Idioms

Matthaeus

Vemortuicida strenuus
Nice. As if life didn't belong to us, but to nature. We only "borrow it" from nature. The message must be that life is a privilege.
 

Pacifica

grammaticissima
Staff member
Rebus humanis eximi: to be taken away from human things = same, to die.

Same, on tombstones.
 

Pacifica

grammaticissima
Staff member
Lol. These days yes, but not always.

Esse desinere: to cease to be = same.

Not on a tombstone, but in a letter.... talking about tombstones.

When you think about it, Latin had really very various expressions for "to die".
 

Pacifica

grammaticissima
Staff member

Matthaeus

Vemortuicida strenuus
PP have you ever thought of composing your own epitath? Ben Franklin did it, I think, as many others. Not that I wish for your quick death, di averruncent hoc! Just an idea...
 

Pacifica

grammaticissima
Staff member
PP have you ever thought of composing your own epitath? Ben Franklin did it, I think, as many others. Not that I wish for your quick death, di averruncent hoc! Just an idea...
No joke, I already thought about it. But finally I thought no. I don't care how my tomb will be, I'll be dead.
 

Laurentius

Civis Illustris
No joke, I already thought about it. But finally I thought no. I don't care how my tomb will be, I'll be dead.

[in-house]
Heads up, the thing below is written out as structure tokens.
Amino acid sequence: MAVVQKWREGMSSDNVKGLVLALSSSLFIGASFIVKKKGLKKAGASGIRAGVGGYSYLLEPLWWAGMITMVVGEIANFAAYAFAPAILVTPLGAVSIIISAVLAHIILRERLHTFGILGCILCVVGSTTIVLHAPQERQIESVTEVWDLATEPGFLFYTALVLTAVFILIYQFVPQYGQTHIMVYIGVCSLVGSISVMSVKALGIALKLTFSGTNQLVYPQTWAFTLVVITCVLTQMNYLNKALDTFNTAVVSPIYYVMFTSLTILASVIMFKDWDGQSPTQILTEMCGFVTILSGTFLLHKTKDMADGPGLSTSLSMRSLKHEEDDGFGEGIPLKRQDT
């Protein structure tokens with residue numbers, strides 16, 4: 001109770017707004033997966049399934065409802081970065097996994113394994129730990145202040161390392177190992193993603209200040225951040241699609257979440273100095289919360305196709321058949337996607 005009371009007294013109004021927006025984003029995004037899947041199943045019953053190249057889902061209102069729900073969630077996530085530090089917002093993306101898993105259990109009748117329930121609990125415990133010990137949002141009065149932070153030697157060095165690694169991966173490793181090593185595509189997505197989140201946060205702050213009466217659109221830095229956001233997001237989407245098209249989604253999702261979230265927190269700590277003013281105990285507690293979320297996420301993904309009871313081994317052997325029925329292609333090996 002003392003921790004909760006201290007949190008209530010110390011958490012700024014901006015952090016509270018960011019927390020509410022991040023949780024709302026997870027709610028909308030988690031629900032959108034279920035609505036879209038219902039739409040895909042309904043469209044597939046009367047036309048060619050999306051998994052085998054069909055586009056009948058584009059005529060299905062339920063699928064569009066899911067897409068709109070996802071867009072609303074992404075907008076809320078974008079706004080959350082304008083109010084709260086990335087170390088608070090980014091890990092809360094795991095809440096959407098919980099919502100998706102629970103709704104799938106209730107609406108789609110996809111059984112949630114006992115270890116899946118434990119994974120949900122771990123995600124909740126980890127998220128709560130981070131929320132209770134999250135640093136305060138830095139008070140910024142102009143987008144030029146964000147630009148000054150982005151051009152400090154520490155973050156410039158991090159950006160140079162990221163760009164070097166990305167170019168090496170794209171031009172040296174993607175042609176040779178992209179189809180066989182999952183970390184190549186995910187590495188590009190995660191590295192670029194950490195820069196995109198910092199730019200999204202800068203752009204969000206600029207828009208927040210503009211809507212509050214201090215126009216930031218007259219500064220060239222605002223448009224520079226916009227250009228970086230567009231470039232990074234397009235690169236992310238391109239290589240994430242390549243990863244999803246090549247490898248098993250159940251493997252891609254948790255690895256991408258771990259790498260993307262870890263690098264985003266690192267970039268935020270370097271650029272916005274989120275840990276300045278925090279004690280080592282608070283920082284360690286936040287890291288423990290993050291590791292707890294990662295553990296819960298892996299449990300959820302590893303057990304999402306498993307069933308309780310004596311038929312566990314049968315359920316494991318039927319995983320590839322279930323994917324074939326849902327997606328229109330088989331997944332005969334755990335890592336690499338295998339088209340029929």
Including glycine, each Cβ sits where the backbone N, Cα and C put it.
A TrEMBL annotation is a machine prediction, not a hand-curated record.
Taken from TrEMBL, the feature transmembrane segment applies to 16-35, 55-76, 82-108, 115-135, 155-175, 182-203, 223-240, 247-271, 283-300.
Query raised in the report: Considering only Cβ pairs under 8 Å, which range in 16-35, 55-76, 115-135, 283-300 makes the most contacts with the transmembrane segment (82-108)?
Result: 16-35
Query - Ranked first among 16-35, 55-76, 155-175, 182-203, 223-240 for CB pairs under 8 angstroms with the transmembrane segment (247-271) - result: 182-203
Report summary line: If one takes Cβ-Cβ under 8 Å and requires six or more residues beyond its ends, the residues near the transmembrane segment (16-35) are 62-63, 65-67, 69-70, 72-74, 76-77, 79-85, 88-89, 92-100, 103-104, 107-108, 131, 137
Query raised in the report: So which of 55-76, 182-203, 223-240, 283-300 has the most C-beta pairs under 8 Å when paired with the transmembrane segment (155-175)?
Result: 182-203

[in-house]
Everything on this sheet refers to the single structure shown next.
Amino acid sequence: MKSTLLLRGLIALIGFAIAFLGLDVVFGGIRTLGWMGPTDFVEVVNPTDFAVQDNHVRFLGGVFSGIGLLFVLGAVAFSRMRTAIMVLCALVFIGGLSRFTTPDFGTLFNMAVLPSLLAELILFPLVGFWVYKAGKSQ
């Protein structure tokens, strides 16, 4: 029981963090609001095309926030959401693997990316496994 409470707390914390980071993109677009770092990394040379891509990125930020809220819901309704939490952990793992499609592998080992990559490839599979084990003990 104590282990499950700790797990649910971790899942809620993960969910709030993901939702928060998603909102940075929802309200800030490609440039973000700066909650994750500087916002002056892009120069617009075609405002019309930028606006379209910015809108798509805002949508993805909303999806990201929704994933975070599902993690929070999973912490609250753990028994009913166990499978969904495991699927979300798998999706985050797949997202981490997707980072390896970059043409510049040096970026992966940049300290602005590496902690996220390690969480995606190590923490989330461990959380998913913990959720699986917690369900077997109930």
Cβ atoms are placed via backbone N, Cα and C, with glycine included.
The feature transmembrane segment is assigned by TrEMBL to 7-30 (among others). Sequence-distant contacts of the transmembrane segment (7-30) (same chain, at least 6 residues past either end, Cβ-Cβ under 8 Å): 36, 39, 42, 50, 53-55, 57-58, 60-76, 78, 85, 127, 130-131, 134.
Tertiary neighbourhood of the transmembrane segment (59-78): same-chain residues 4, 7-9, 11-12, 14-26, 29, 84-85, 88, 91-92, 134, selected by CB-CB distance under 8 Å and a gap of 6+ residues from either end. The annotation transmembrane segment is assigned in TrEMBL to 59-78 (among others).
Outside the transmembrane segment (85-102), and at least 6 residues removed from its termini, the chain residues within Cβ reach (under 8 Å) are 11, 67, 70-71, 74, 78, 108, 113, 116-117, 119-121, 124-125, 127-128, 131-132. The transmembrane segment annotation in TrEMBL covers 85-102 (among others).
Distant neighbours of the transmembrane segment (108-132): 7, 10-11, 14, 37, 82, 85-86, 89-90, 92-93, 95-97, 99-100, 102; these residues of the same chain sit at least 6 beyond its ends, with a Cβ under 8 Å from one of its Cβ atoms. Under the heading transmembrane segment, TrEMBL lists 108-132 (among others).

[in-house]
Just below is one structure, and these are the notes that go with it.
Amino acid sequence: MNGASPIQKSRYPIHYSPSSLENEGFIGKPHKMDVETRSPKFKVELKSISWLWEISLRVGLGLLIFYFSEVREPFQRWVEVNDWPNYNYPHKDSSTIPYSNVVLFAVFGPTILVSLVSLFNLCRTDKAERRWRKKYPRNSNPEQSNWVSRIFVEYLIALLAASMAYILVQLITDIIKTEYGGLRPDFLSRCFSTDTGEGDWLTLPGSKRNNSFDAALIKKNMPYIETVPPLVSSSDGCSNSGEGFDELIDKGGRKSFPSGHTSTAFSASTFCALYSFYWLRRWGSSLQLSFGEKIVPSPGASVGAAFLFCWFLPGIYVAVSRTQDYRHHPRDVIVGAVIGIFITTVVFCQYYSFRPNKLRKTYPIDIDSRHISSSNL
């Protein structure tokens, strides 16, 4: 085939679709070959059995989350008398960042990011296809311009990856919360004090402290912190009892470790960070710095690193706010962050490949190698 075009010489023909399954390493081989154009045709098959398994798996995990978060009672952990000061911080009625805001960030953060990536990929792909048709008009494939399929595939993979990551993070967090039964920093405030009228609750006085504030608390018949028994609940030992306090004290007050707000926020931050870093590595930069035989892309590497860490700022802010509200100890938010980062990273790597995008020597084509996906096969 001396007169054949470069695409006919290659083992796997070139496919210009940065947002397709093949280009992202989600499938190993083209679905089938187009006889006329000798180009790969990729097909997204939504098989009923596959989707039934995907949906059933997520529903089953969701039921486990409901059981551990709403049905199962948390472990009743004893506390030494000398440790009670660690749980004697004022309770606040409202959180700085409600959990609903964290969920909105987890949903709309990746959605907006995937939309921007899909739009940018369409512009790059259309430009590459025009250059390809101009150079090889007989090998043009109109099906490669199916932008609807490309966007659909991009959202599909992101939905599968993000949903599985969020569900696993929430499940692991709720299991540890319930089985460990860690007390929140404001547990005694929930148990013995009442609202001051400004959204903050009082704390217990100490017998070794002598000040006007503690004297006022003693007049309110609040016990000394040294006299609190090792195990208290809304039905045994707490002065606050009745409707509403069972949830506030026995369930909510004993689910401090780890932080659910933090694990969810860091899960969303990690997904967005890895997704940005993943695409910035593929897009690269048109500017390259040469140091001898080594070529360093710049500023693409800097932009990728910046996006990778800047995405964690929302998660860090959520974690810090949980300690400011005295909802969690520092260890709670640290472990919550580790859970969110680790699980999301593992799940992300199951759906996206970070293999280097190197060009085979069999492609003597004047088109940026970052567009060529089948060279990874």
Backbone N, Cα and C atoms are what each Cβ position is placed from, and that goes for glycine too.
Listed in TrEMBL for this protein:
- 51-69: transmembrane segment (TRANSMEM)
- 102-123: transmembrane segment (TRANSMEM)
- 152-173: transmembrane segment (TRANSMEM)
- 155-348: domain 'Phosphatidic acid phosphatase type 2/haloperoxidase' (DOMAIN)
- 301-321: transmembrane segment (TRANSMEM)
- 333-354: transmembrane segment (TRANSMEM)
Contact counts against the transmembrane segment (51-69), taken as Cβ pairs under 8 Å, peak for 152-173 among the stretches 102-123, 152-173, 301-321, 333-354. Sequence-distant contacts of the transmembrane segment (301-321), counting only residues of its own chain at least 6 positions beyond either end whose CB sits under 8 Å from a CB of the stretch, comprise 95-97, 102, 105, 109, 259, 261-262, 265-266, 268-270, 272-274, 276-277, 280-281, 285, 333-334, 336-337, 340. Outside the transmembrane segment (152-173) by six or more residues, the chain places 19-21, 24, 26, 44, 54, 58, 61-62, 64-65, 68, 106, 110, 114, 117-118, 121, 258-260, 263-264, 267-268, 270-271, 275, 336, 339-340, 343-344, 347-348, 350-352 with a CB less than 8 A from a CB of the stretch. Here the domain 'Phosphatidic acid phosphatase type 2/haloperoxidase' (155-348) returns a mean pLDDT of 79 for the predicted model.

There is some verse by Maecenas that sounds like that, if I remember well, "nil sepulcrum curo, sepelit natura relictos". Btw yes I meant "how", and thanks for the link. :)
Edit: It was "nec tumulum curo..."
 

Pacifica

grammaticissima
Staff member
Yes, even throw me into a river, for what I'll care then...
 

Matthaeus

Vemortuicida strenuus
So your corpse can poison our drinking water!? :D
 

Pacifica

grammaticissima
Staff member

Matthaeus

Vemortuicida strenuus
Hah! And all this time I thought it was attributed to the Sun King!
 

Pacifica

grammaticissima
Staff member
Hah! And all this time I thought it was attributed to the Sun King!
Until now I had no clue what the origin of the expression was.
 

Matthaeus

Vemortuicida strenuus
Well, we both learnt something new.
 

Pacifica

grammaticissima
Staff member
Pati sine aliqua re: to tolerate without something = to make do without something.
 
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